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Chinese Rags to Riches Story- “Mao’s Last Dancer”

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One of the best movies I’ve seen this year is directed by Oscar-nominated Australian Bruce Beresford (“Driving Miss Daisy”).  It is based on the true story of Chinese ballet dancer Li Cunxin who comes to perform with the Houston Ballet on a three month cultural exchange program.  This story includes love, kidnapping, communism versus capitalism, political intrigue and immigration law issues. 

Much of the film is the story of the making of a great ballet dancer, so appropriately Chi Cao who plays Li Cunxin’s part is a world class performer for Birmingham Royal Ballet in England whose parents taught  Li Cunxin in China.   Performance of the “Rite of Spring” is both symbolic and artistic in this story.  The theme is freedom of expression and beautiful rural scenes of China are portrayed in the movie. 

Li Cunxin’s story begins at the age of 11 in the rural area of Shandong Province when he is torn away from a very poor but loving home by government officials who select him to attend the Beijing Arts Academy.  Communist discipline and emphasis on politically correct art to the exclusion of western civilization is strongly developed though rather overdone at times.  Yet at other times, with great feeling for the importance of artistic expression such as when Li’s former teacher is arrested in China as a counter-revolutionary for failing to use ballet as a communist propaganda tool.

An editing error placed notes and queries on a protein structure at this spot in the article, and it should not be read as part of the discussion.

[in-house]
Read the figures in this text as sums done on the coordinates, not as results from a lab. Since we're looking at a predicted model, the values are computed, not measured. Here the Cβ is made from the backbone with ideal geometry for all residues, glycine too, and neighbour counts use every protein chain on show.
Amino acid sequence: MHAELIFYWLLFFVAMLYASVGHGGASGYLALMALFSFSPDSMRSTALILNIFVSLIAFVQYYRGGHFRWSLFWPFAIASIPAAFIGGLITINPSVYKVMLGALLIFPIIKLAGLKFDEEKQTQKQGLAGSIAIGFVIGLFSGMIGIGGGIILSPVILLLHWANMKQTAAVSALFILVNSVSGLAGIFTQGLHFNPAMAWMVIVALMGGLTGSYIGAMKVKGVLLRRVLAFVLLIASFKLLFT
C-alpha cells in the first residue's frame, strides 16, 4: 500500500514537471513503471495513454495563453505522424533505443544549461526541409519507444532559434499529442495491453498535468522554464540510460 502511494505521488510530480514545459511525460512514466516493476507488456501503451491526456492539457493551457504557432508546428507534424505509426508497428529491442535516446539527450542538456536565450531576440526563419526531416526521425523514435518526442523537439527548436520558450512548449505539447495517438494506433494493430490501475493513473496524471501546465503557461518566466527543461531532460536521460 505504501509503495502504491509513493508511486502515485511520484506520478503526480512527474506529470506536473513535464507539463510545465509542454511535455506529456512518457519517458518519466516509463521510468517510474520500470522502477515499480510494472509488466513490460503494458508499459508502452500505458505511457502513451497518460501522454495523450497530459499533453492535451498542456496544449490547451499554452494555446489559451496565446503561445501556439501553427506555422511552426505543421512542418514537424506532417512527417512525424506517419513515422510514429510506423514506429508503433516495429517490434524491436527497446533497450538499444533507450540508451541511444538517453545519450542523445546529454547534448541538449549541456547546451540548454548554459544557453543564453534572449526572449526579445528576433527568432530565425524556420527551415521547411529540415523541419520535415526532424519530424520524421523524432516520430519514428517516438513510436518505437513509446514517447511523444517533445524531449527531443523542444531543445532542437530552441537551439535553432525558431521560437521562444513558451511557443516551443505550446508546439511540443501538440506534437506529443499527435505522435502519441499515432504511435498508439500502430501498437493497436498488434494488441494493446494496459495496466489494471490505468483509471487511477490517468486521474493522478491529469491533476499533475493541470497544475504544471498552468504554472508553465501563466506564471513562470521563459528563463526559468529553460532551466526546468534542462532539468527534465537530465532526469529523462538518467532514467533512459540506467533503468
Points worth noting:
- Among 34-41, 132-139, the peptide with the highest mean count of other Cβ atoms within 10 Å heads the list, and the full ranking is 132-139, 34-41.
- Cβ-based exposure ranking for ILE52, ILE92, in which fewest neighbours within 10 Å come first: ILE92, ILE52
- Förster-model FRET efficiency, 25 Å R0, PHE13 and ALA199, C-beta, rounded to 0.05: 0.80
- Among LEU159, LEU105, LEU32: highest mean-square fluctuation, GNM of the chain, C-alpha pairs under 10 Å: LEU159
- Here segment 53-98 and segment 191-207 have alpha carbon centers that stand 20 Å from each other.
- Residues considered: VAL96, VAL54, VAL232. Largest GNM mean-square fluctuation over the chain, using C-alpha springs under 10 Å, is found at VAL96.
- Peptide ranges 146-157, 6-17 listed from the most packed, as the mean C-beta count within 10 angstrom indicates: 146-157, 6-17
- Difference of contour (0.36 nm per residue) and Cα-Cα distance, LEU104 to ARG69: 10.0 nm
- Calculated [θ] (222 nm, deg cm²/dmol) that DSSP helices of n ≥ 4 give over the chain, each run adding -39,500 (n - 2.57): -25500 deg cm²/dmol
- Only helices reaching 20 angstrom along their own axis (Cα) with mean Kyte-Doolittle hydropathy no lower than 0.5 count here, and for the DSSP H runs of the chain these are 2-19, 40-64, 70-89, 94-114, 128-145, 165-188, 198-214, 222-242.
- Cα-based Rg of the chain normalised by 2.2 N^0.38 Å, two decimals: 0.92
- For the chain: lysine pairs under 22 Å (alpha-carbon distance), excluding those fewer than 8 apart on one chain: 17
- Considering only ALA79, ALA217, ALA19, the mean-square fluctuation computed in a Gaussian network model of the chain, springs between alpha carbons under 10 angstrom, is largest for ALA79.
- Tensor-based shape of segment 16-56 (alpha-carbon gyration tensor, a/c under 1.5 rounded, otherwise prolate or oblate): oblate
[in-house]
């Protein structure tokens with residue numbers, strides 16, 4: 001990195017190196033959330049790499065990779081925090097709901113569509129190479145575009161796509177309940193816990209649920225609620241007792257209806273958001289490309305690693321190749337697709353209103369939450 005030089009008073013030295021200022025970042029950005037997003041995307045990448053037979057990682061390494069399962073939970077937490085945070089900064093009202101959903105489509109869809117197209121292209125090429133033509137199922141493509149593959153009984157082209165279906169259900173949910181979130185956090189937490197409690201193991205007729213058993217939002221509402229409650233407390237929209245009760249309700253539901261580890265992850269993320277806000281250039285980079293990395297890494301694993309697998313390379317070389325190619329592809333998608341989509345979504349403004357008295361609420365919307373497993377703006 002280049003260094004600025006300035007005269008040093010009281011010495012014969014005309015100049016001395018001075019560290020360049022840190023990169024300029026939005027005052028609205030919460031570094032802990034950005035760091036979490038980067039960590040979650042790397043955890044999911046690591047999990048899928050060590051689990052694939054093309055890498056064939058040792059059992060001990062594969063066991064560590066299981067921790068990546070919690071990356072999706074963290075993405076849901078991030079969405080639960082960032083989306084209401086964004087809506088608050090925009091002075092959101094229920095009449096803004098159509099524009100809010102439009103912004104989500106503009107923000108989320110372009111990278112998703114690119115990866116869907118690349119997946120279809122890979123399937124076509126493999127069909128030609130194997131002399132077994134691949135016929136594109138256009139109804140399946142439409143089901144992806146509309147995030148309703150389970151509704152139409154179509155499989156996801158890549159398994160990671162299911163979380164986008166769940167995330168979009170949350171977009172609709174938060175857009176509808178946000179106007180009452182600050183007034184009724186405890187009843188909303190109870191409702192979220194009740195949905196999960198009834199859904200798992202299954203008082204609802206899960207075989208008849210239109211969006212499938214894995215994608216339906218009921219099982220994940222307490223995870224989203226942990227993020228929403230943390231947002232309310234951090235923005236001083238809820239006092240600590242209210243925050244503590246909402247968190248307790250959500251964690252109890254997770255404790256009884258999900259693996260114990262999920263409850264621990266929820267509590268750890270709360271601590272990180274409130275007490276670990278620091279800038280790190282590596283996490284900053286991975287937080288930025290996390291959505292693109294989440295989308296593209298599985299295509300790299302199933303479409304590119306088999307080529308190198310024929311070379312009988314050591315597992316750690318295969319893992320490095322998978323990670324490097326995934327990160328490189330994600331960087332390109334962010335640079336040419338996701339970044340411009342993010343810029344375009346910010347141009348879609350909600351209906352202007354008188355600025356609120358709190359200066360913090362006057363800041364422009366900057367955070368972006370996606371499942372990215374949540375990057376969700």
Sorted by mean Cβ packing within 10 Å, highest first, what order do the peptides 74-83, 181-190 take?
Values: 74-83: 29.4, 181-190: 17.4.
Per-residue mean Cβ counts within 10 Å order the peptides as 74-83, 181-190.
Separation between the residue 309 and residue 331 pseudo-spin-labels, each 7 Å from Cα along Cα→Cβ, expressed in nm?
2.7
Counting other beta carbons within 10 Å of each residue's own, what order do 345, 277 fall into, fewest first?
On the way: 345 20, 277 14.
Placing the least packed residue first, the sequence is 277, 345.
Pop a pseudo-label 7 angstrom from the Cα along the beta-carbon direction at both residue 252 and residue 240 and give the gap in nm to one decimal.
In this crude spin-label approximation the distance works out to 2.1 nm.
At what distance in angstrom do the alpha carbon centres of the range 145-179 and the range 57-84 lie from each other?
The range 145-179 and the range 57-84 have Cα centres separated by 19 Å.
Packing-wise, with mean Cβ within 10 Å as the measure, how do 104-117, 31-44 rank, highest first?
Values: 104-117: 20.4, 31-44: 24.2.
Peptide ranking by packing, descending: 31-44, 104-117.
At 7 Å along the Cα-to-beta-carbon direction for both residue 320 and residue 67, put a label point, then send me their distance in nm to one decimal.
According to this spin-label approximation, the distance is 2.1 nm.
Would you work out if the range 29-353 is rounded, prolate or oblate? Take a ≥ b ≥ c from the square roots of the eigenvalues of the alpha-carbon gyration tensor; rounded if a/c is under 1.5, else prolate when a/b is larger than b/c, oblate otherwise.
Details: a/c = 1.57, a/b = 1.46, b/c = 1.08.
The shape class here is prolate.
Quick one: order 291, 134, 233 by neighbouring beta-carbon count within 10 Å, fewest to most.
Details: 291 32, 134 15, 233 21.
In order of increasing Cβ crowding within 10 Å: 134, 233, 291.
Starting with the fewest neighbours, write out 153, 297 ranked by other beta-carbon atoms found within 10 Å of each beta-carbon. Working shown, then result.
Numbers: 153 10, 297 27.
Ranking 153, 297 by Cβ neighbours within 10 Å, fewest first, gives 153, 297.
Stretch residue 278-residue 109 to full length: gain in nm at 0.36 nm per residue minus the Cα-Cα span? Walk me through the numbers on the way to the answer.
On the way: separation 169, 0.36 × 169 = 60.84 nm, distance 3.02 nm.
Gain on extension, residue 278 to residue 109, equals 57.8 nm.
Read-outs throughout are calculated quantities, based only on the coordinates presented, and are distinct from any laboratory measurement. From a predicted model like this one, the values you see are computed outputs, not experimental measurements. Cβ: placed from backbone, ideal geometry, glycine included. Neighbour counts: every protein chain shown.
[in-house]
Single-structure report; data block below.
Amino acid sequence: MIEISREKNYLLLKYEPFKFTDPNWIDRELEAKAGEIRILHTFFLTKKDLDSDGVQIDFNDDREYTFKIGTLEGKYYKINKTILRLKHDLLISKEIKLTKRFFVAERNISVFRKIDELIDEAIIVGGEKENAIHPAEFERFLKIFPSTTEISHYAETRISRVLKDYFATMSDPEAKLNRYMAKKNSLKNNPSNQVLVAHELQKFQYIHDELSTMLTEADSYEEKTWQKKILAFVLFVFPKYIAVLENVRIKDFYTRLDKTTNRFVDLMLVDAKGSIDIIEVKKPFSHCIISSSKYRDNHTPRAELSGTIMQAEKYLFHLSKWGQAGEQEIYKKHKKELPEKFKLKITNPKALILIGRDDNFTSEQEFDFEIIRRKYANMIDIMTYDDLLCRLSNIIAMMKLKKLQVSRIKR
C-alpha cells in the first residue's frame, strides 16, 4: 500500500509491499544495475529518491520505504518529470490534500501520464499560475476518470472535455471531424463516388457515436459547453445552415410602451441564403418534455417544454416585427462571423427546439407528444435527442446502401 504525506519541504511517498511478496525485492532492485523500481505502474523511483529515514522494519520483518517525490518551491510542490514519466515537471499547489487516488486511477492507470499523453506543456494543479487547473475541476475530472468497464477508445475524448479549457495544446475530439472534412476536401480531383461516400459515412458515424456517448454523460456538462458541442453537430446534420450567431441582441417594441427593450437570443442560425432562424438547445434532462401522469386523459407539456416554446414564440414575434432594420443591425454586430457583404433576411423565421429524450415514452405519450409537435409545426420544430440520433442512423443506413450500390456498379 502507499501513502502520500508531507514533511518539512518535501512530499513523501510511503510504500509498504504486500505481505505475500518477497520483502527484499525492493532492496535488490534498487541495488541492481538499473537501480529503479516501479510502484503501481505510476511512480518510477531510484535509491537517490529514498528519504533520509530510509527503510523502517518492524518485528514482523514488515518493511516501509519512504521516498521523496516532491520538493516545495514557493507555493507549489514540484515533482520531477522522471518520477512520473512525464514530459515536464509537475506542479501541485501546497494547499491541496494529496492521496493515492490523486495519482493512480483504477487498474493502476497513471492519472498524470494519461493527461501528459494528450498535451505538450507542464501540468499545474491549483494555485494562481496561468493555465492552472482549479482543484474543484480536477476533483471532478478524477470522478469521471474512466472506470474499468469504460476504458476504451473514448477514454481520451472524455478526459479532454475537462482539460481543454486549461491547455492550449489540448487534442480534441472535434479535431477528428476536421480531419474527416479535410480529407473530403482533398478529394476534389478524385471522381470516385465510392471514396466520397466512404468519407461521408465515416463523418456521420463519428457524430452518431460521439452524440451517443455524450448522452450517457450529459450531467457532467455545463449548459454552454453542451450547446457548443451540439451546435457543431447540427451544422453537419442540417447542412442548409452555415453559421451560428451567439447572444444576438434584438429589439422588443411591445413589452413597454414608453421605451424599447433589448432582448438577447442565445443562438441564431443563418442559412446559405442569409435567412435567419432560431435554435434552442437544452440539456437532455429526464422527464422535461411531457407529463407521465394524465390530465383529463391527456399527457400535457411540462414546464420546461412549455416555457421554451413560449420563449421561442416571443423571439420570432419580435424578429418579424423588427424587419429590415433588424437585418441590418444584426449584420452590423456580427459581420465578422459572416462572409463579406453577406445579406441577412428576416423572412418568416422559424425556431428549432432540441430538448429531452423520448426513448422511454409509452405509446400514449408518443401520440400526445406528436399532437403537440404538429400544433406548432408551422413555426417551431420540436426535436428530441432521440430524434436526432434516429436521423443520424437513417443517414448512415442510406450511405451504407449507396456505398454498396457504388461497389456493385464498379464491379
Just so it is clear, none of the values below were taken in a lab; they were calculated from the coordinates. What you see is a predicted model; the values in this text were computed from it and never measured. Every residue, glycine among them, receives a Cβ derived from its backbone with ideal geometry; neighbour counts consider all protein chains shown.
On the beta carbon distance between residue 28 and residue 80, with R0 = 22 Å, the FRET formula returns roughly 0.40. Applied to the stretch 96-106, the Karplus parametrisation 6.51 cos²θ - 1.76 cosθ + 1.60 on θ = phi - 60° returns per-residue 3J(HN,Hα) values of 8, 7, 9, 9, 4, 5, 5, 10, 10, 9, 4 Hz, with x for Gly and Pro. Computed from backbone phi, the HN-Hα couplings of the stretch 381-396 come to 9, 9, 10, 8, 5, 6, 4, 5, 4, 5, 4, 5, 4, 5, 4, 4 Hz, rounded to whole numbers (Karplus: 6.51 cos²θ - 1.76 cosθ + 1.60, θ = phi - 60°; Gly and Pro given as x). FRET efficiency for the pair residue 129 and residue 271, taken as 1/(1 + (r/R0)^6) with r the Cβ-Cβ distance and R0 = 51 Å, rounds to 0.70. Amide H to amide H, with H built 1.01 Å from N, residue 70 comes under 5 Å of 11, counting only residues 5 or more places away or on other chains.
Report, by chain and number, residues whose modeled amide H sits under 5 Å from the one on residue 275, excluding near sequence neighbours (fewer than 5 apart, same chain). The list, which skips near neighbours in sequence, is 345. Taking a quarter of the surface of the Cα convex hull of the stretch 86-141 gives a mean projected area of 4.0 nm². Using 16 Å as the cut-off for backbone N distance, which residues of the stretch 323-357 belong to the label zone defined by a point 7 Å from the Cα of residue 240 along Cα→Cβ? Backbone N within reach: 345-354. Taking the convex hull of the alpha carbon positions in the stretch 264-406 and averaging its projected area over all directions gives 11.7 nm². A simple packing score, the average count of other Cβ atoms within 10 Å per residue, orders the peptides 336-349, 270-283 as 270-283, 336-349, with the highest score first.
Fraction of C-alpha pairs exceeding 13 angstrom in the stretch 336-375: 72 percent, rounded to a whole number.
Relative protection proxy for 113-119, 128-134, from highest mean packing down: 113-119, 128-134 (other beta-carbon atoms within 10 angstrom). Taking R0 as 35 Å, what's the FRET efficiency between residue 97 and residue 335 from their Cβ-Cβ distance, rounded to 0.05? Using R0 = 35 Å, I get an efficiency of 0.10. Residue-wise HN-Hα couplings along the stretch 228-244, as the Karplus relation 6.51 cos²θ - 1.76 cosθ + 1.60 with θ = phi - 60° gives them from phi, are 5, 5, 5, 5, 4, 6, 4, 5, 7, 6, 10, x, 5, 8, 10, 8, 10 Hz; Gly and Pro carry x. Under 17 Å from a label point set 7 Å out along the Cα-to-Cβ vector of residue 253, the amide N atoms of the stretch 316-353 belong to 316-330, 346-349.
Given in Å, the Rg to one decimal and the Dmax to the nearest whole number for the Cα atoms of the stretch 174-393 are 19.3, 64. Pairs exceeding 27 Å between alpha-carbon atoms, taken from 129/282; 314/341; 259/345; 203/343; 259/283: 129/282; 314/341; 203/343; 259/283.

When the young Chinese ballet dancer comes to the US, he speaks little English and is dazzled by the freedom both of speech and artistically.  He is nurtured by Artistic Director of the Houston Ballet Ben Stevenson played by Bruce Greenwood with nuances of being gay.  Li Cunxin falls in love with an American ballet dancer Liz MacKay whom he marries upon the advice of him immigration lawyer Charles Foster.  When his extension of stay in the US is refused by the Chinese government, the Chinese Embassy kidnaps him briefly until political pressure and media forces his release. 

Humor is added to the story by Li’s mother who chases off the communist officials who come to arrest her and accuse her for his betrayal of China.  Her retorts and angry words are directed to those responsible in the Chinese government who has had total care for her son since the age of 11.  Bruce Greenwood, the artistic director also has some comical moments in explaining cultural differences with real empathy for the young Chinese ballet dancer.

The dancing throughout the movie is breathtaking and 1980’s relations between China and U.S go from strained to more stable as portrayed through the artistic medium of ballet.

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